Business Registrations simplified

Despite some amount of complexity in the process of business registrations, particularly for inexperienced entrepreneurs or small enterprise owners, there are distinct advantages to registering one’s entity. These advantages include name protection, income tax advantages, improved access to funding, as well as access to human capital.

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How registrations are controlled in South Africa

The registration landscape in South Africa went through a significant process of change on 1 May 2011 when The Companies and Intellectual Property Registration Office (CIPRO) was replaced by the Companies and Intellectual Property Commission (CIPC) under the then legislated New Companies Act. This Act changed the manner in which enterprise owners would complete new business registrations as of that date.

ONE OF THE MOST SIGNIFICANT CHANGES UNDER THE NEW ACT RELATED TO THE REGISTRATION OF NEW CLOSE CORPORATIONS (CC’S),
WHICH WAS ABOLISHED.

Entities registered or trading as a CC prior thereto would retain their CC status, however.

In addition to this, under the new Act, a name reservation is no longer required prior to registering a business. If the proposed name is rejected at registration, the company would still be registered as the registration number then becomes the company name upon incorporation, until such time as an appropriate name has been reserved.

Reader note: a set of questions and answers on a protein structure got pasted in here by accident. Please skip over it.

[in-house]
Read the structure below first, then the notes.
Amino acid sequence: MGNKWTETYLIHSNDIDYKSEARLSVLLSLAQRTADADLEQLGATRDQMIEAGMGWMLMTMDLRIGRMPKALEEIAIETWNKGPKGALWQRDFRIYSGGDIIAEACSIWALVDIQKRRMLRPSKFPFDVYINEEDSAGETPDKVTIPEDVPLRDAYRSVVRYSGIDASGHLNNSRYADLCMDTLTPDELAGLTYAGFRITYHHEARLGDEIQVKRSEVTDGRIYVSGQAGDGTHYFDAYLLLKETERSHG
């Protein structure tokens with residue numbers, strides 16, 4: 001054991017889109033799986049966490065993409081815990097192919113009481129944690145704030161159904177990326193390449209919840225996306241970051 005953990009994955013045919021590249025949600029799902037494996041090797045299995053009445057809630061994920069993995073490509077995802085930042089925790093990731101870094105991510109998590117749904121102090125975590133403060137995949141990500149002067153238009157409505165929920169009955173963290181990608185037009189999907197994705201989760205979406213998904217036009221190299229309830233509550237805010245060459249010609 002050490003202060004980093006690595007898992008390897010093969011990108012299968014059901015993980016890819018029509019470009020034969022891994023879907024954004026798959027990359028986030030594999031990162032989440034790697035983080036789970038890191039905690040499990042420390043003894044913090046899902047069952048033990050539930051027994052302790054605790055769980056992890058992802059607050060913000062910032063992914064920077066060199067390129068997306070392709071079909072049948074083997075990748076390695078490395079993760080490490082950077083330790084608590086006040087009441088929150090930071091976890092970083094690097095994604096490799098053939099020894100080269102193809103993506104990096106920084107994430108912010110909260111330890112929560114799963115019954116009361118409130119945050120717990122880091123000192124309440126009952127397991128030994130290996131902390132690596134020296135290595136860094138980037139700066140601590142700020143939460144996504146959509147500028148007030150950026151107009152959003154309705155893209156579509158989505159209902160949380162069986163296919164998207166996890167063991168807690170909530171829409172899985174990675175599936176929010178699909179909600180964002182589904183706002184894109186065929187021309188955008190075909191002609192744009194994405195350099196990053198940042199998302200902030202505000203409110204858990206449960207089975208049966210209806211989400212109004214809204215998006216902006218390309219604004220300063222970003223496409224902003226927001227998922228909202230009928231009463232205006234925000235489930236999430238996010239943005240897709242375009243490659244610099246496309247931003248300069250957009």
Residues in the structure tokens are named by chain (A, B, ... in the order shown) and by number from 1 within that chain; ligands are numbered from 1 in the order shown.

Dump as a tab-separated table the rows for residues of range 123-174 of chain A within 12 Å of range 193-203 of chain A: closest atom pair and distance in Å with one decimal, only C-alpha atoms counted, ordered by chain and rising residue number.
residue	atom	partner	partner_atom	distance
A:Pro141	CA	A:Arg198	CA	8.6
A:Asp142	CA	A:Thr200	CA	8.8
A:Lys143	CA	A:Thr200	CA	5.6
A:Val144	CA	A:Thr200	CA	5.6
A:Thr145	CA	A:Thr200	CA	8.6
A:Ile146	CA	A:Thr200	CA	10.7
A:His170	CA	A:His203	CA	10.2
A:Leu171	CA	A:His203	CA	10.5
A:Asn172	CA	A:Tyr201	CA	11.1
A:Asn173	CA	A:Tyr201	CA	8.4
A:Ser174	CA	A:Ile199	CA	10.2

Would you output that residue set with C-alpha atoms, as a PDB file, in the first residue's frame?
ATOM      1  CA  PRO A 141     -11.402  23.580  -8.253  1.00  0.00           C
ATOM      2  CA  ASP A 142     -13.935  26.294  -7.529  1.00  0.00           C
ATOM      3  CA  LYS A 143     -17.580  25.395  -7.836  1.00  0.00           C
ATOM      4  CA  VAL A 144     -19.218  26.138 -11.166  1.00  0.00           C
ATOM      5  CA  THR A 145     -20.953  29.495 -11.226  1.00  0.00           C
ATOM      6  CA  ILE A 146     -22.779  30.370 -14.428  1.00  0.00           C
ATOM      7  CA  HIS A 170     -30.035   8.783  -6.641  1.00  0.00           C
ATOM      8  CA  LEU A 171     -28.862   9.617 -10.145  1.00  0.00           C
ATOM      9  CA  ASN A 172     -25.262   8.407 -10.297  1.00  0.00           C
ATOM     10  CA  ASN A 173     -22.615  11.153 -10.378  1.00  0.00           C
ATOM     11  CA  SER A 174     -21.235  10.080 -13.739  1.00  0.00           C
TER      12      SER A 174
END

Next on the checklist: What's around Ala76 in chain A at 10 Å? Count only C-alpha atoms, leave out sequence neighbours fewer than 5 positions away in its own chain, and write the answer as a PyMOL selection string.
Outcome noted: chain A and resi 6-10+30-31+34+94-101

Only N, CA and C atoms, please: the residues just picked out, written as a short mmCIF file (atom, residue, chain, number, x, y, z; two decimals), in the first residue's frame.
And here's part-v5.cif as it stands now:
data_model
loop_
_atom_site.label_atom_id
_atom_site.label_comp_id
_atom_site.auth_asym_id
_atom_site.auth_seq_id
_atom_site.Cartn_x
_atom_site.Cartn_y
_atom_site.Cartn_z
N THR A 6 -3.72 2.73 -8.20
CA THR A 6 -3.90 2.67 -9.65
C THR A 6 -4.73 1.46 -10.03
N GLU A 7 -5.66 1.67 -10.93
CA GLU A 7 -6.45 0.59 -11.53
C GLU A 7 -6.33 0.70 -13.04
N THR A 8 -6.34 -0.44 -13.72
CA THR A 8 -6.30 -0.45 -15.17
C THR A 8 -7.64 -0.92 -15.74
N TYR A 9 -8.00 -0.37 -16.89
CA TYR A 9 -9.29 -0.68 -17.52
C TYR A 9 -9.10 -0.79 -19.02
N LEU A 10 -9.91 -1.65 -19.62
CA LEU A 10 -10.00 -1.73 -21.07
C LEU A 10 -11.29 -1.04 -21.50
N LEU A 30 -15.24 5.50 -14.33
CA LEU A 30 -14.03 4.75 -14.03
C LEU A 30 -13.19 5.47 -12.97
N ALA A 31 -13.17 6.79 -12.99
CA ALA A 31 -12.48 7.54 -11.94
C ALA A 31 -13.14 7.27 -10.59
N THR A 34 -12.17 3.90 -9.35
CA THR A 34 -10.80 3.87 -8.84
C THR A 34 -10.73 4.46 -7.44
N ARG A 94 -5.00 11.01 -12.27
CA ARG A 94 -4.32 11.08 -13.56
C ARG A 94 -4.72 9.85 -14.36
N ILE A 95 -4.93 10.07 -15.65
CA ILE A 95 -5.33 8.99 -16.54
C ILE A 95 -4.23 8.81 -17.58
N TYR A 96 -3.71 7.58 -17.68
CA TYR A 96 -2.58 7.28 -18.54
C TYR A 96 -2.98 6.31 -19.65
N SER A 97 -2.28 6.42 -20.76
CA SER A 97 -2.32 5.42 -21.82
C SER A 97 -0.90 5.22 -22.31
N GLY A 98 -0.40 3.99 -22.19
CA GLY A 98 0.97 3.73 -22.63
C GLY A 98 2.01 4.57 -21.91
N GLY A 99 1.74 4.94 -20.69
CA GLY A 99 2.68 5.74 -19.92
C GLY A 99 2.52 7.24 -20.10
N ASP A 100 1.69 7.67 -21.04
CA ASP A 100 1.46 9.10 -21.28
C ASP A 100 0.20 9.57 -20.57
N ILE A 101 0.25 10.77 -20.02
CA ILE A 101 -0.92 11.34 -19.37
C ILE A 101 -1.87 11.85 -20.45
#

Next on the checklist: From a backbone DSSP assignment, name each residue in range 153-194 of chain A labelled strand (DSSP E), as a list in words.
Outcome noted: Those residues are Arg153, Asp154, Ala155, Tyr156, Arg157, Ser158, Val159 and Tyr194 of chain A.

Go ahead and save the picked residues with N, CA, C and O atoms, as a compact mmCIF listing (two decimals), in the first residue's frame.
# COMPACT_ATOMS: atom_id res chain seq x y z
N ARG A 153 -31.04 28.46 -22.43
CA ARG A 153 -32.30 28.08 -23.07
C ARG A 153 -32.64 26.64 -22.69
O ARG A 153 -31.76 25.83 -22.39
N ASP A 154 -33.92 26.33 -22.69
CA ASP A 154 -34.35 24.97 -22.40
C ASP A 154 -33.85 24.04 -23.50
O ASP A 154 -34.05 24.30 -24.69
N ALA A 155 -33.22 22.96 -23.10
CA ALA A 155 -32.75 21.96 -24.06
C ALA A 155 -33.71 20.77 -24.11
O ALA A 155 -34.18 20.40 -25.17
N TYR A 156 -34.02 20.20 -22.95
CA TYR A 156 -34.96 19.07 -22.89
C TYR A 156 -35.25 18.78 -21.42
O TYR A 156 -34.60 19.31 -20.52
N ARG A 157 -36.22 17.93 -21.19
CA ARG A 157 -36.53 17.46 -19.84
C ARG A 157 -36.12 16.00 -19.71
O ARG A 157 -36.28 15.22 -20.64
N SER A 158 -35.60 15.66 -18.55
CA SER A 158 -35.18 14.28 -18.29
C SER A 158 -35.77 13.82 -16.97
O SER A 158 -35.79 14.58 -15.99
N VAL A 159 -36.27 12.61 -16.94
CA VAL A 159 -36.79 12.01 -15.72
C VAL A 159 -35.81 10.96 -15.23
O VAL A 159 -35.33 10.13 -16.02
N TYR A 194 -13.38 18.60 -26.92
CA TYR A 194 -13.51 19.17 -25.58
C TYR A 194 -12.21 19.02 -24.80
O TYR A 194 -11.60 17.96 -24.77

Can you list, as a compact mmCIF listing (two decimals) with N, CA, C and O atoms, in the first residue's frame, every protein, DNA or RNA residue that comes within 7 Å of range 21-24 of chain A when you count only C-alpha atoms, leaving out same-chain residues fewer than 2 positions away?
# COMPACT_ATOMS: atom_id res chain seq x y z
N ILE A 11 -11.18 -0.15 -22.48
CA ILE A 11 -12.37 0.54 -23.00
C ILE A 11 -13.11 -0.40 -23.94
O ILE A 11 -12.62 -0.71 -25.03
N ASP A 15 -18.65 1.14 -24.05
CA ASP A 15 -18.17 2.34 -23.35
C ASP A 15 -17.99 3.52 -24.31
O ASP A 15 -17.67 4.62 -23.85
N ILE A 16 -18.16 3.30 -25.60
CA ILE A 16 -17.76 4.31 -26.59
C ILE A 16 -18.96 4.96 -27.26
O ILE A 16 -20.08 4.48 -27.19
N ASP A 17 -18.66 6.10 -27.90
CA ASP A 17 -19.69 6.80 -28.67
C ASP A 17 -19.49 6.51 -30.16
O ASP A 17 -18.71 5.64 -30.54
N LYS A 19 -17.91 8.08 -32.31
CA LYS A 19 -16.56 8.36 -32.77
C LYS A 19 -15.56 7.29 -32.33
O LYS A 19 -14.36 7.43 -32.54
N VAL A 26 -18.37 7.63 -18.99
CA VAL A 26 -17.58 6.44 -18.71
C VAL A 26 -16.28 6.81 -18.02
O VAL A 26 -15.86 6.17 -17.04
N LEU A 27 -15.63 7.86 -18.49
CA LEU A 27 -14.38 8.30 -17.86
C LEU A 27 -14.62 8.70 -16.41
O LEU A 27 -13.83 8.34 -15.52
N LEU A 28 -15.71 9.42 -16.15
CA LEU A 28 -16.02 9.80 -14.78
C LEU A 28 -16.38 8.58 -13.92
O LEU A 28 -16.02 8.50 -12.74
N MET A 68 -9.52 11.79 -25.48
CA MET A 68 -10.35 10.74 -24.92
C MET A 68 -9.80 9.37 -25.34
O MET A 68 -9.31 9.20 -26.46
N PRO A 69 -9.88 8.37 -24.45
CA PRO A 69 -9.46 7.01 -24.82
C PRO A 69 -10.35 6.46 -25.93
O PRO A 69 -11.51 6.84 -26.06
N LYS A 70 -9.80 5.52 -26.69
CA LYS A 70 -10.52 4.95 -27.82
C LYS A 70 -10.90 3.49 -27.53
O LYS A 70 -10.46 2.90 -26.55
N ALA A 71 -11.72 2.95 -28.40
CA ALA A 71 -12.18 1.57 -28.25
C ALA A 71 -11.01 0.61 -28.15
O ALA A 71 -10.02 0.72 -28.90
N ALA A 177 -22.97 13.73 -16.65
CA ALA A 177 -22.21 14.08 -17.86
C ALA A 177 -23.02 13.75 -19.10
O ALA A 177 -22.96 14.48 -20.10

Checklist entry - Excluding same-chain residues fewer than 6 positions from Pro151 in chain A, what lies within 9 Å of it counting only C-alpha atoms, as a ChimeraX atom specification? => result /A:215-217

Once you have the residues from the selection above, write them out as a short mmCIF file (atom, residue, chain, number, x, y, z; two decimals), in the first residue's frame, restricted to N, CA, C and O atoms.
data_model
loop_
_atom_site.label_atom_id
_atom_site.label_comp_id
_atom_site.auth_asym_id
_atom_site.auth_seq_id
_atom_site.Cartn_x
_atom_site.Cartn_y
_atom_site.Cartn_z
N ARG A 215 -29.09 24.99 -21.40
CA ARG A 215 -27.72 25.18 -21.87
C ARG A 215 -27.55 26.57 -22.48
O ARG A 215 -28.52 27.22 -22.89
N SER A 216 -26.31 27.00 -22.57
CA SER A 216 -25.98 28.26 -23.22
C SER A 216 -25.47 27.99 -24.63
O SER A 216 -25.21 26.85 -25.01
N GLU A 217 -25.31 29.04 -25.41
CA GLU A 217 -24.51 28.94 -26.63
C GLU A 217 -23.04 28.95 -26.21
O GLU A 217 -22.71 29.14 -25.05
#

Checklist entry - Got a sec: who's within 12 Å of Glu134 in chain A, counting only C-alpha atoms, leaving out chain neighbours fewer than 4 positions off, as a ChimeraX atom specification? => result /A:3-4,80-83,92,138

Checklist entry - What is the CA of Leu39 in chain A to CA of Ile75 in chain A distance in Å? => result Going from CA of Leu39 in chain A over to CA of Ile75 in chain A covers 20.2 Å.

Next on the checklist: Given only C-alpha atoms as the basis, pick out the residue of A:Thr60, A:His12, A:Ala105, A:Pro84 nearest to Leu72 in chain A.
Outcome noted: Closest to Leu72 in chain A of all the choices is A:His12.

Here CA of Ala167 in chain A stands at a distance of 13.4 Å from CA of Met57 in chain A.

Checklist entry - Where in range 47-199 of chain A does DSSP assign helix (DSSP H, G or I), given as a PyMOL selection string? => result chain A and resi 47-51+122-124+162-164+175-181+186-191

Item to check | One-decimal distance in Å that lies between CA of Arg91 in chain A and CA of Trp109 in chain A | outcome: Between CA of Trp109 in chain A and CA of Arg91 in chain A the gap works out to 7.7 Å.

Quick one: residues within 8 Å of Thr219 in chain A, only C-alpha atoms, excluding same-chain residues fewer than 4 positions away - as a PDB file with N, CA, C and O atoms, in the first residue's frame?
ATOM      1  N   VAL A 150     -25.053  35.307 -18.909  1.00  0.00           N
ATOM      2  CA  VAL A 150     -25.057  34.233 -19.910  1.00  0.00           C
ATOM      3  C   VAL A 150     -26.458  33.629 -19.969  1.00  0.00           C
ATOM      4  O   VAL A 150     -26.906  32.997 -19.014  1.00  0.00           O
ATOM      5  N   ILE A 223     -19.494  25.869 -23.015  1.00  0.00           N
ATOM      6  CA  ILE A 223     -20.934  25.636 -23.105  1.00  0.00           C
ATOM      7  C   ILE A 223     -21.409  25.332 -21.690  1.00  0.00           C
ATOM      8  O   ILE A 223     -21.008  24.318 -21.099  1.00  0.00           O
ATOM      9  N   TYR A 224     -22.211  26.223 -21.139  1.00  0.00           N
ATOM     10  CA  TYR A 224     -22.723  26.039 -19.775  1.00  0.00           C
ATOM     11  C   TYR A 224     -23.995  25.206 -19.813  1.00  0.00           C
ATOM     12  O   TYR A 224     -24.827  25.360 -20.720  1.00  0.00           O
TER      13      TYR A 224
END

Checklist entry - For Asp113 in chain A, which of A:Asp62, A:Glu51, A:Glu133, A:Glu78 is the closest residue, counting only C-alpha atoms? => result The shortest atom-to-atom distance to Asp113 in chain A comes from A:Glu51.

Types of entities available

New registrations now have the choice of 5 different classifications. These classifications are as follows:

  • Non-profit companies: These are entities created for public benefit or for objectives relating to one (or more) cultural or social objectives, or communal or group interests.
  • Profit companies: These entities have a primary objective of creating profit for their shareholders.
  • Personal liability companies: Ending with “incorporated”, the present and past directors of such entities are jointly liable for all debts and liabilities of the entity that arise during their period in office. Such entities are common in professional practices, such as a practice of medical professionals.
  • Public companies: Such entities have publicly held shares in issue and such shares are traded through a stock exchange, such as the Johannesburg Stock Exchange. The entity has more than 50 shareholders and members of the public may hold shares in the company.
  • Private companies: Similar to CC’s discussed earlier, these entities now include the words “Proprietary Limited” or (Pty) Ltd. There is no limitation or minimum requirement in the number of shareholders, but the Board has to comprise at least one director.

WHY USE LOUIS MEYER SECRETARIAL?

Our team of secretarial experts understands the South African registration landscape and is experienced in navigating the process on behalf of our clients. If you require assistance with the registering of a new entity, we would be pleased to assist!

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